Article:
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Fatimah has chance to become first Iraqi archer to shoot at World Cup Final

25 June 2014
Lausanne (SUI)
After taking silver at the third 2014 tour stage in Antalya, ALMASHHADANI repeated in Sofia one week later – placing second at a European Grand Prix.

It’s a promising run of results for the young 16-year-old, who first hit the radar at the end of 2013. She reached the compound women’s quarterfinals at the Wuxi 2013 World Archery Youth Championships and knocked out a number of seeds at the Belek senior worlds.

At only her second World Cup stage – she shot Antalya 2013 – Fatimah ALMASHHADANI beat a host of titleholders during eliminations. Multiple world champion Jamie VAN NATTA, from the USA, fell – as did Colombia’s match world record holder Sara LOPEZ and Alejandra USQUIANO, the reigning World Cup champion.

“I feel almost guilty,” said Fatimah with absolute sincerity before the Antalya 2014 finals two weeks ago. “All these archers are great champions.”

The gold medal match saw Russia’s Natalia AVDEEVA line-up opposite Fatimah in the beachfront finals arena. ALMASHHADANI led for the first three ends, backed by a very vocal Iraqi fanbase, which had travelled for the match and been severely strengthened by an effective campaign of flag distribution and encouragement.

But the crowd of athletes and spectators of all nationalities getting behind the underdog could not shoot Fatimah’s last three arrows for her. The pair were drawing at 12/15 arrows shot, and ALMASHHADANI finished with two nines and an eight. Gold went to AVDEEVA.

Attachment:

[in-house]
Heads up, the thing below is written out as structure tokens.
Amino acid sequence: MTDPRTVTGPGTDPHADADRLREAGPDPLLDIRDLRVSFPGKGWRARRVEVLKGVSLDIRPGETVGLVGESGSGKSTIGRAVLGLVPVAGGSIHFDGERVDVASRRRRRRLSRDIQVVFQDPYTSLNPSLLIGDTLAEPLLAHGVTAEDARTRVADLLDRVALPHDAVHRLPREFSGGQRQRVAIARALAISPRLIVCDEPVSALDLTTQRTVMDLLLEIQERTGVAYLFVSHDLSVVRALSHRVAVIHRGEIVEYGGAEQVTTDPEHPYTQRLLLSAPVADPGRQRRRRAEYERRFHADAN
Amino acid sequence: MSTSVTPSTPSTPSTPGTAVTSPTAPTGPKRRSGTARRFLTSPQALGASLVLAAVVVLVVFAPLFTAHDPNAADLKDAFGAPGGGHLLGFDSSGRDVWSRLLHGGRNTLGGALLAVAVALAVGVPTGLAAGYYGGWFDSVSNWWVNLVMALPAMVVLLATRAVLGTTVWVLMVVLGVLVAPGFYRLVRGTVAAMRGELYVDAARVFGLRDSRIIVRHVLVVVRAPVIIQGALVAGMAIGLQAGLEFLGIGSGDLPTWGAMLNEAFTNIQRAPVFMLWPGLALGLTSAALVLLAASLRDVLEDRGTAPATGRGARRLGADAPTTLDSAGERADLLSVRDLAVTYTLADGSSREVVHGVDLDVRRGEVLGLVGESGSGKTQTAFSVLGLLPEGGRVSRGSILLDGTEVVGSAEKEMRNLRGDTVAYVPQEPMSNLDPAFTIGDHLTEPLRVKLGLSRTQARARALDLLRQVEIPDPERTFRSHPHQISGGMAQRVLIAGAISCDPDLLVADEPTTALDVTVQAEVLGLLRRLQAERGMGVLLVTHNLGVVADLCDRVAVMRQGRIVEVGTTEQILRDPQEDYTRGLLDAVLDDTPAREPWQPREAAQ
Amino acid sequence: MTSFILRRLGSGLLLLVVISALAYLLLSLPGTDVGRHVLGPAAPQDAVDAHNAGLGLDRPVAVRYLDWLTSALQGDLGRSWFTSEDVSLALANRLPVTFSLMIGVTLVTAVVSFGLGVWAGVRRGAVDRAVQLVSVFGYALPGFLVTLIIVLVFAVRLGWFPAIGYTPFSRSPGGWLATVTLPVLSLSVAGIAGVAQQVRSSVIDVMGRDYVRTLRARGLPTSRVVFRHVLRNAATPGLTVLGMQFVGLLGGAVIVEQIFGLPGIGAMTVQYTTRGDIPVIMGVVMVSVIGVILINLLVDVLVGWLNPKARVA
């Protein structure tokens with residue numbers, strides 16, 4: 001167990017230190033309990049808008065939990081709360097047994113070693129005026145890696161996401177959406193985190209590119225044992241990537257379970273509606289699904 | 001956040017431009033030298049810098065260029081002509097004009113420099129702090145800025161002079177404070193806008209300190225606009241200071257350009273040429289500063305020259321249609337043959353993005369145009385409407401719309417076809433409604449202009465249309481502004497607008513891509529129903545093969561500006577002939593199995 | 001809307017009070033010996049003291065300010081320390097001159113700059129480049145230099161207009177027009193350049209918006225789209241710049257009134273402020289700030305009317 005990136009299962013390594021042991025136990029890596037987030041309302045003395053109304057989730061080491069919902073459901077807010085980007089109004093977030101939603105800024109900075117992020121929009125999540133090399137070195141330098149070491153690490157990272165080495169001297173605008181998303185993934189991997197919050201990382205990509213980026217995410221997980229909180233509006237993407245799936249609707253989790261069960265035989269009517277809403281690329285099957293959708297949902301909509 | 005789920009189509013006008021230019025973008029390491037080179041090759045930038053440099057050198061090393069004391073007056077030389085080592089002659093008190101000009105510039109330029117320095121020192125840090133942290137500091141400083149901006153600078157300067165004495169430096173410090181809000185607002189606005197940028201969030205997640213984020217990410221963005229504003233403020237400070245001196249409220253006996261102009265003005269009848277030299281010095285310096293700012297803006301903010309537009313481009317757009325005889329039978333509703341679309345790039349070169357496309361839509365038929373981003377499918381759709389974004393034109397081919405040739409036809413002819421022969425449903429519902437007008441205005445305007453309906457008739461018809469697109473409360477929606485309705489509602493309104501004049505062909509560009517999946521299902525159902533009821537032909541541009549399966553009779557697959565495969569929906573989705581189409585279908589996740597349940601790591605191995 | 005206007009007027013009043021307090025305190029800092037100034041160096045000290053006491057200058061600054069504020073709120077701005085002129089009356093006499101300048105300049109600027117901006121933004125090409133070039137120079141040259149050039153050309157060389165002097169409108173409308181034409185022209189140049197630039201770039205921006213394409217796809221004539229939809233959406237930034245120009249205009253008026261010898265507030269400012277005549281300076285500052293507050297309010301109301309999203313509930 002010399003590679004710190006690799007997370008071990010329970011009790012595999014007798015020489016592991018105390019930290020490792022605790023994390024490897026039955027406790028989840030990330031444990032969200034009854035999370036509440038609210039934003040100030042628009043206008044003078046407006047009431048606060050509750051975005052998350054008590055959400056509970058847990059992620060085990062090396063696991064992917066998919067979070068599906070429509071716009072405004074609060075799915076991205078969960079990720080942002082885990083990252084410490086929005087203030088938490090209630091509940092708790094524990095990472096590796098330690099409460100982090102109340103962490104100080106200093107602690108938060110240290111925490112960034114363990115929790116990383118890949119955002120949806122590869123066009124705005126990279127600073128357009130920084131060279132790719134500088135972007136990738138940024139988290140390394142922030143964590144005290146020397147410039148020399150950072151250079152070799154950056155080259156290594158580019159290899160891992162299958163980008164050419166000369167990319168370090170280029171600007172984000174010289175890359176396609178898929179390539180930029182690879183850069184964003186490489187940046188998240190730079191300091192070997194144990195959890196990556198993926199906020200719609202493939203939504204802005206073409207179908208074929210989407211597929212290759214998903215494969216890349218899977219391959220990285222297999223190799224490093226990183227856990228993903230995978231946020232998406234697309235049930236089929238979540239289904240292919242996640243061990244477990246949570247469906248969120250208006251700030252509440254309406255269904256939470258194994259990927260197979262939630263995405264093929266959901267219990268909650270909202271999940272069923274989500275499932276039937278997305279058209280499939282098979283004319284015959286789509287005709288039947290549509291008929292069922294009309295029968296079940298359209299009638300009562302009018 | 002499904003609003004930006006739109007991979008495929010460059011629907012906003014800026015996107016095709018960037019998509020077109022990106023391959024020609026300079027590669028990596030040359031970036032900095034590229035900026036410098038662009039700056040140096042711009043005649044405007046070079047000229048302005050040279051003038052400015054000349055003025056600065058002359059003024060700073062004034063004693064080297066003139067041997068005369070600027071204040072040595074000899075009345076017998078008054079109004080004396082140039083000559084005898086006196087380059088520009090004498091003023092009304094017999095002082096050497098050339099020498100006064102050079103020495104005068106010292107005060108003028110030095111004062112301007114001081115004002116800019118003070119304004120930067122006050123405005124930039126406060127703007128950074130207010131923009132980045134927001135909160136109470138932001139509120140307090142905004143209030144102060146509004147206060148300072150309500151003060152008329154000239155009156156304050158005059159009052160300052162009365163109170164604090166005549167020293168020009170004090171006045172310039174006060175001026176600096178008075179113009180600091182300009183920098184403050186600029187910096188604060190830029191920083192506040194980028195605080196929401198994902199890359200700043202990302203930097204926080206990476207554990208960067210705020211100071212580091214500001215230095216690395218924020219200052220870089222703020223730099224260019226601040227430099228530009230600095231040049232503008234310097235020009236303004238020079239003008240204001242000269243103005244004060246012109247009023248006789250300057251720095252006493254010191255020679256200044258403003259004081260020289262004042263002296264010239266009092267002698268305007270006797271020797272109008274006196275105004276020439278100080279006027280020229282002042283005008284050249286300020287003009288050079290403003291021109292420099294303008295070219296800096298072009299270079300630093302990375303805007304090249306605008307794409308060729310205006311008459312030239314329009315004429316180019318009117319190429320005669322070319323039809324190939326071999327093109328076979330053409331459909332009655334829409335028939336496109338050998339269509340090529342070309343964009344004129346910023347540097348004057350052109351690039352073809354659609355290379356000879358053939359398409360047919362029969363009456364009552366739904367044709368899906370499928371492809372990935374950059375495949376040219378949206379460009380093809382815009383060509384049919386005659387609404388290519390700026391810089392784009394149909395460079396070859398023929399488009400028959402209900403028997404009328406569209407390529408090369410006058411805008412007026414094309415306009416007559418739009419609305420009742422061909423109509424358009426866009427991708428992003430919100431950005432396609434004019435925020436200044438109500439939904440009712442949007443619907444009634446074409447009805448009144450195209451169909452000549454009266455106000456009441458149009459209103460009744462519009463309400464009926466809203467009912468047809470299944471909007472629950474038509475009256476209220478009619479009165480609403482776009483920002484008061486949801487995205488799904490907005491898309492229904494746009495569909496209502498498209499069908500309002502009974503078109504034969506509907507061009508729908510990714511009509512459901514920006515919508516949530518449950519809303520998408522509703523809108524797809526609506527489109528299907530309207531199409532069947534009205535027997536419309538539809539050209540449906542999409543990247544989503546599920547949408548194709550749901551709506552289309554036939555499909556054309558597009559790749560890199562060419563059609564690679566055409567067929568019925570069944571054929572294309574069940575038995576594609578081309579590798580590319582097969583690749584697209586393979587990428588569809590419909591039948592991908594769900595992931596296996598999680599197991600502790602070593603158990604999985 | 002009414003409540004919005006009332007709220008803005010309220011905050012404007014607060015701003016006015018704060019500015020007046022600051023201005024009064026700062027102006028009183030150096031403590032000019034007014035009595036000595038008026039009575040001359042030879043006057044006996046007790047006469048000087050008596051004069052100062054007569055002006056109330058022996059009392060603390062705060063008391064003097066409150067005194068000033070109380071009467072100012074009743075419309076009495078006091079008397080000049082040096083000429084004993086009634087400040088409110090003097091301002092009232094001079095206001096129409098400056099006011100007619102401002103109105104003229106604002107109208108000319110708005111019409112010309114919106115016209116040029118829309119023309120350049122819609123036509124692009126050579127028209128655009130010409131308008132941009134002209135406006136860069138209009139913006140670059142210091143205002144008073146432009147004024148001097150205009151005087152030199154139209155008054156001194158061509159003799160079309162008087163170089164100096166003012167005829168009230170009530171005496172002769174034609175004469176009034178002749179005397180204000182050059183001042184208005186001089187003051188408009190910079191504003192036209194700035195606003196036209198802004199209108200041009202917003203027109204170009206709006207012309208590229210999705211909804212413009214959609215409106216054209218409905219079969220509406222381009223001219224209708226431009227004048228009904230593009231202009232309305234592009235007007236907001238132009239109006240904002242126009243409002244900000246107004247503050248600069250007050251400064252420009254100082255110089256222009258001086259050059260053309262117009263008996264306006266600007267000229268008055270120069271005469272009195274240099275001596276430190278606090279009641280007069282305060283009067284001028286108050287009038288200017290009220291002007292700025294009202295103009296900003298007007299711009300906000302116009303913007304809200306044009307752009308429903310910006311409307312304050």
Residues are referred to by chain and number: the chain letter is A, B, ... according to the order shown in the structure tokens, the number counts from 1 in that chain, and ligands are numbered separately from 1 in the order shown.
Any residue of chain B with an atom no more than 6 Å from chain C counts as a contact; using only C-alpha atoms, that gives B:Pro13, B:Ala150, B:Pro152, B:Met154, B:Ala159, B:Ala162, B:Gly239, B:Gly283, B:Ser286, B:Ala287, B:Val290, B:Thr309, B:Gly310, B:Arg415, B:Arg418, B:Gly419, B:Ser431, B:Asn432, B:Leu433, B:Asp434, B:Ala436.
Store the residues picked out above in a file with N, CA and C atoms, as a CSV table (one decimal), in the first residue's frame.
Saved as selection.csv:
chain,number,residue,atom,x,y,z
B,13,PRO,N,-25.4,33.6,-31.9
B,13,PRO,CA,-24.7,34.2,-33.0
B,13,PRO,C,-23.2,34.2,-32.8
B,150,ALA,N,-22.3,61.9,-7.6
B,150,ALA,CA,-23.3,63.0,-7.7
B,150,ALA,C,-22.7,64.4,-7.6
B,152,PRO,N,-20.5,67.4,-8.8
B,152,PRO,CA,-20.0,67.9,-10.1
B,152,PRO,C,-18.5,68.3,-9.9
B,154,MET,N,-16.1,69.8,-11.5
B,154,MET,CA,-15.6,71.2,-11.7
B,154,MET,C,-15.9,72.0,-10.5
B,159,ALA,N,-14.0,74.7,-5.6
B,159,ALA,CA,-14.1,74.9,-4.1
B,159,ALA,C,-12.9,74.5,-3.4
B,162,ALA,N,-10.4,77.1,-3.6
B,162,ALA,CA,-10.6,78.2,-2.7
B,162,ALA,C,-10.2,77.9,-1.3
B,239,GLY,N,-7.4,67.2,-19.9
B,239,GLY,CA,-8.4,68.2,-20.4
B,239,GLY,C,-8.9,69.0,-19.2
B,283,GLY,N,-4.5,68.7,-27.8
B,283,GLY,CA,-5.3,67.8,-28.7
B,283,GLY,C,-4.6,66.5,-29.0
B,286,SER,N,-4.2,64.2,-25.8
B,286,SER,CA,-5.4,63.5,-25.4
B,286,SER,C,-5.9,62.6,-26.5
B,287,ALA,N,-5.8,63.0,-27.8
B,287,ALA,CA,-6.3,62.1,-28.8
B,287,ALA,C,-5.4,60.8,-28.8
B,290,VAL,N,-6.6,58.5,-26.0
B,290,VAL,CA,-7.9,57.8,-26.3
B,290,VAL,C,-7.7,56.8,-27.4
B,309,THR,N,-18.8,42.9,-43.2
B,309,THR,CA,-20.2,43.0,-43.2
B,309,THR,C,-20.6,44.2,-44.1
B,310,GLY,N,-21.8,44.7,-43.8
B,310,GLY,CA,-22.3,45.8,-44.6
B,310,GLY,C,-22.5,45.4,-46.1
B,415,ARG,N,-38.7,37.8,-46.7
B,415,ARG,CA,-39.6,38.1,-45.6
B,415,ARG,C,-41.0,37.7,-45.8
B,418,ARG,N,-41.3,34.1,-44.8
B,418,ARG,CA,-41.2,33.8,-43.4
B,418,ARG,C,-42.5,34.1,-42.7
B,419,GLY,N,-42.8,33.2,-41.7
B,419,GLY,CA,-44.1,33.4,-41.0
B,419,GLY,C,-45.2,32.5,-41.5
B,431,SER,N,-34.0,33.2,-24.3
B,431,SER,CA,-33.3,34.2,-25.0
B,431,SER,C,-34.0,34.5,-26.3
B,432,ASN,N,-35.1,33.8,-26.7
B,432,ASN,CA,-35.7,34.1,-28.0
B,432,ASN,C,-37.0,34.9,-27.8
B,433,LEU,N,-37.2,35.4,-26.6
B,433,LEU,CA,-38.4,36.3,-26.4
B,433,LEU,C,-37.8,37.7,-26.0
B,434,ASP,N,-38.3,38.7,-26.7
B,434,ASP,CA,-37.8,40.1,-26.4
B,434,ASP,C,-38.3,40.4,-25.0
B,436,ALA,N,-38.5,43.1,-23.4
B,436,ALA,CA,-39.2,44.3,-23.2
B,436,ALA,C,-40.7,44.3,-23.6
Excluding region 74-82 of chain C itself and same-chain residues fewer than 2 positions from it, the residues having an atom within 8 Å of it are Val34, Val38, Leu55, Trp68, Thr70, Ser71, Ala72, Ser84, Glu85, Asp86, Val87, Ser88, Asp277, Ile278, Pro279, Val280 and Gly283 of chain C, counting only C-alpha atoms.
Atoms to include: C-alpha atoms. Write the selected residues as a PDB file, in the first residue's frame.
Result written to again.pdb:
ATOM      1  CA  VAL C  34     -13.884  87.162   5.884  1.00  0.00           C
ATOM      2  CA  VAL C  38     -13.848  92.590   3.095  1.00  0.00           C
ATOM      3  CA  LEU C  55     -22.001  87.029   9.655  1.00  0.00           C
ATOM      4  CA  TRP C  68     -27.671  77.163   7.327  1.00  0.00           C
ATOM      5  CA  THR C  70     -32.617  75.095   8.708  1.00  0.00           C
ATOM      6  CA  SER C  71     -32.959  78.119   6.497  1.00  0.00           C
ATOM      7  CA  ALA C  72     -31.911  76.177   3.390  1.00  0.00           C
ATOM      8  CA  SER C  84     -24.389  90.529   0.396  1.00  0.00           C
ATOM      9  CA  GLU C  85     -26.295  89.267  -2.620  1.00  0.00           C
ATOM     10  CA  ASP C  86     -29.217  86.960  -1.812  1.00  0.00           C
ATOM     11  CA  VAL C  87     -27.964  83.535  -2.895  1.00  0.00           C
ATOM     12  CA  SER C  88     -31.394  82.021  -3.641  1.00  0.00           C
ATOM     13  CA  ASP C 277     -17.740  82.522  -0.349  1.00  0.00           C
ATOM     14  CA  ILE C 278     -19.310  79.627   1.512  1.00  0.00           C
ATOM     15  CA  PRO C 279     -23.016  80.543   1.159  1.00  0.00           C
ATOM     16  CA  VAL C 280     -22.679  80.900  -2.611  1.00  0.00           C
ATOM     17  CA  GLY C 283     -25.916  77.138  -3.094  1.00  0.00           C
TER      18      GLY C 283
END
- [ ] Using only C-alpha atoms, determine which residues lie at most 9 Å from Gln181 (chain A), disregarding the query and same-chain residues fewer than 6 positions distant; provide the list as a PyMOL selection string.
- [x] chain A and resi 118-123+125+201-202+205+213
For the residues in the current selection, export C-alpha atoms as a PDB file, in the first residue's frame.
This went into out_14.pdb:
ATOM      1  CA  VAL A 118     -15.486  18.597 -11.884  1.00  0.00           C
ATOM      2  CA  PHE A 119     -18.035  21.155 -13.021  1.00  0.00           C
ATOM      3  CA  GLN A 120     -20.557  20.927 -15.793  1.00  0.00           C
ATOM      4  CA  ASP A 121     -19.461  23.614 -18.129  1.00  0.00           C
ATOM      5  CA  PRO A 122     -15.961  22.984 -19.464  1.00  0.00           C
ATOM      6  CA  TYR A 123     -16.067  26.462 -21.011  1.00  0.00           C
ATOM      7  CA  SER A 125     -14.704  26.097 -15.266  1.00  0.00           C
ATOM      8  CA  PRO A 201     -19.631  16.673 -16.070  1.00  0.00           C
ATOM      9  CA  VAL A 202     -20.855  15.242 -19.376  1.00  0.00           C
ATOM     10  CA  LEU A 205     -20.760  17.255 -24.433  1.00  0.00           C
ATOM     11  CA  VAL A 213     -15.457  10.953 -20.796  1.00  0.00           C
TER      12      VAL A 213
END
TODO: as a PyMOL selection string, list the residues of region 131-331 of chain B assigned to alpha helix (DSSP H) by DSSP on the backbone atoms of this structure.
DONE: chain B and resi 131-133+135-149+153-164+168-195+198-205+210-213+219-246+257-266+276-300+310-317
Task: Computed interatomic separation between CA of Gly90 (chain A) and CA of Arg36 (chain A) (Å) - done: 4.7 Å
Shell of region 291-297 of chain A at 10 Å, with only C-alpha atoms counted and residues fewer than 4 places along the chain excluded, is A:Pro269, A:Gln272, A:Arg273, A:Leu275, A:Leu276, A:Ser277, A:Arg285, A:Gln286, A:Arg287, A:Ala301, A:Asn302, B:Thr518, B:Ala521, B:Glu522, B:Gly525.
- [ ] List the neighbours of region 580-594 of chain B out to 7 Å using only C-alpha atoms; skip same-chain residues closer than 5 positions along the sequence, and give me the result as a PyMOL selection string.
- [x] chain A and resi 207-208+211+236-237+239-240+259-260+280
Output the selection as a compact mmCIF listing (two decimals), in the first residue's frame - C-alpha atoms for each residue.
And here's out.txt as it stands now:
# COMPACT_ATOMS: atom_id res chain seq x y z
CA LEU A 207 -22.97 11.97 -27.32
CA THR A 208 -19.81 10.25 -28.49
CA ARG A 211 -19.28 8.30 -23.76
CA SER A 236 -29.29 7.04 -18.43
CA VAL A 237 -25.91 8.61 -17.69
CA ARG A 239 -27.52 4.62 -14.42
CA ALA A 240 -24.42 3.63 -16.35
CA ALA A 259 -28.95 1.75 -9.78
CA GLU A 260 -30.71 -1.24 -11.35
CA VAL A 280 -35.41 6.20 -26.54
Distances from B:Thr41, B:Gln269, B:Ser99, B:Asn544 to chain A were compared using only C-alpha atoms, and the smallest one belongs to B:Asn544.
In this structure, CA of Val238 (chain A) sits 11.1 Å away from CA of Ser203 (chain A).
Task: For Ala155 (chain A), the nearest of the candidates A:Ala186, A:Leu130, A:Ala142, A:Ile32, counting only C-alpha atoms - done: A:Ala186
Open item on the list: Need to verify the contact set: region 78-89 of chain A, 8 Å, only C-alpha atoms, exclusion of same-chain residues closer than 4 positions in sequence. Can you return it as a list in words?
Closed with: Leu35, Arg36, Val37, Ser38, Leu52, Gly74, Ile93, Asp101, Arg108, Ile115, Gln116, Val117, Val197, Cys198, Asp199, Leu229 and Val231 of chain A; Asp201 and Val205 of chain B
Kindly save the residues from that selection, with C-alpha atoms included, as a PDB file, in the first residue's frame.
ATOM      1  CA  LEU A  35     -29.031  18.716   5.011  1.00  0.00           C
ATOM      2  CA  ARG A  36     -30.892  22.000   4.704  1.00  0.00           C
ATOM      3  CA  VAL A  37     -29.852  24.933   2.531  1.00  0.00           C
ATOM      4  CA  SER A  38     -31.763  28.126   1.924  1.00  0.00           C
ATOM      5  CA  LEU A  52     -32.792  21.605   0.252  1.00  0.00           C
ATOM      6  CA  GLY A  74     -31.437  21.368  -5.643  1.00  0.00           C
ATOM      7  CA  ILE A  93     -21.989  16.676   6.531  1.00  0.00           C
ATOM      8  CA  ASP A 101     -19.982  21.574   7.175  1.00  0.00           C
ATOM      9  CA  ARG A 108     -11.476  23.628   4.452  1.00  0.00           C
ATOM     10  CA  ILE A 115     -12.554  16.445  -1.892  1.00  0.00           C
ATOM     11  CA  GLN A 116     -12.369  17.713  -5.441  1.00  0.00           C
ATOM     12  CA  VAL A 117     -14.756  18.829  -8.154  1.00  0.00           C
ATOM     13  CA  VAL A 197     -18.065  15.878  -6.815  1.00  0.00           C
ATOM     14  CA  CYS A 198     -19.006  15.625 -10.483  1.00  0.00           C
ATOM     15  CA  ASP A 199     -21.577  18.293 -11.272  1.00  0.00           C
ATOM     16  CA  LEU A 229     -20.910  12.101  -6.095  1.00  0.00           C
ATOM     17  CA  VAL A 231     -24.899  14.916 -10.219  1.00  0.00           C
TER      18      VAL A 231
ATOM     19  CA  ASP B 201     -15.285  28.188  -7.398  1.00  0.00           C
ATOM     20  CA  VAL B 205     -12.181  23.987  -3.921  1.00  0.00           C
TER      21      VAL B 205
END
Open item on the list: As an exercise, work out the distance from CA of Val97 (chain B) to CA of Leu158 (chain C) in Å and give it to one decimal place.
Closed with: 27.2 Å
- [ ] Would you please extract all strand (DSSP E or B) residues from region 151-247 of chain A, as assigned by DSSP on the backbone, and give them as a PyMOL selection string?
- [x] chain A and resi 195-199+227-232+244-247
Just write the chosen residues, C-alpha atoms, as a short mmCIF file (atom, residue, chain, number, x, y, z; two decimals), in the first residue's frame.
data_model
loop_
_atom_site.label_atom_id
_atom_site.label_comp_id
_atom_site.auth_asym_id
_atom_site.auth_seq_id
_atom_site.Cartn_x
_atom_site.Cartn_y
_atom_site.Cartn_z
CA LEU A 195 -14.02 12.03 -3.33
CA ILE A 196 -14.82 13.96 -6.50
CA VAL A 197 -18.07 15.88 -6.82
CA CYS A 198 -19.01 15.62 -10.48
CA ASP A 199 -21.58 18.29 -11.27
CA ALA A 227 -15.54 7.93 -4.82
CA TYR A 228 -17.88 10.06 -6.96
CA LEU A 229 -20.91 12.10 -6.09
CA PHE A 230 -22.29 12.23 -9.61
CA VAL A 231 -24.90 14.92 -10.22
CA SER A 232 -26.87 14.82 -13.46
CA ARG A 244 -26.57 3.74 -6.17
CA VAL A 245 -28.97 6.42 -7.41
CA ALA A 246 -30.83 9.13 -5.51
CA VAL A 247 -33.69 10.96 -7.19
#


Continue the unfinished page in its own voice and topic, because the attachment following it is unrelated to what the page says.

“I wasn’t nervous at all last night, but when I got to the finals field my heart starting going faster.” Fatimah explained: “It was difficult to control my body. I was shooting fast.”

“But I like shooting fast – because I am more focused.”

That focus was back one week later in Sofia. Fatimah qualified a respectable sixth before shooting a tournament-high 148 in match play eliminations, and squeezing out a one-point, 146-145, win over Croatian Maja ORLIC to make the European Grand Prix final.

Toja CERNE – Slovenia’s resident dual-sport archer-gymnast, who came second at Medellin this year – beat Fatimah to win gold. The silver in Sofia proved, though, that ALMASHHADANI’s Antalya podium was no fluke.

Fatimah is on Iraq’s team list for Wroclaw. (In fact: she is the only athlete on their team list for Wroclaw.) In a compound women’s division that is still wide open in the race to Lausanne, it means ALMASHHADANI’s making a push to qualify.

She currently sits in 10th in the rankings, 16 points behind leader Erika JONES but just five points behind fourth place. It’s practically impossible to predict the finalists in a division where six ranking points separates six places – but a top eight finish might be enough to secure her a spot at the World Cup Final. Anything higher would practically make her a lock.

Coming from a country of around 150 archery athletes, Fatimah’s achievements in the last month already mark a huge step forward for universality and parity in the sport.

“We don’t have any dedicated outdoor fields for archery at all,” she said, explaining that she trains in her back garden in Baghdad at 10 metres. “There is just one area in the north of Iraq where we can hold training camps – but there is no shade and no grass.”

Fatimah’s story is one that emphasises the value of a good coach. Her mother taught her recurve archery – along with her Olympian sister, Rand – and she’s now coached by Majid AHMADI, who won a World Cup stage team gold with the Iranian compound men’s team back in 2006.

“Coach AHMADI has been selfless for me, and the national team,” said FATIMAH. “Iraq is a dangerous country, and he has fought long and hard for Iraqi archery.”

The storyline in Wroclaw in just over a month’s time is whether that fight leads to a historic first Archery World Cup Final qualifier for Iraq in 2014.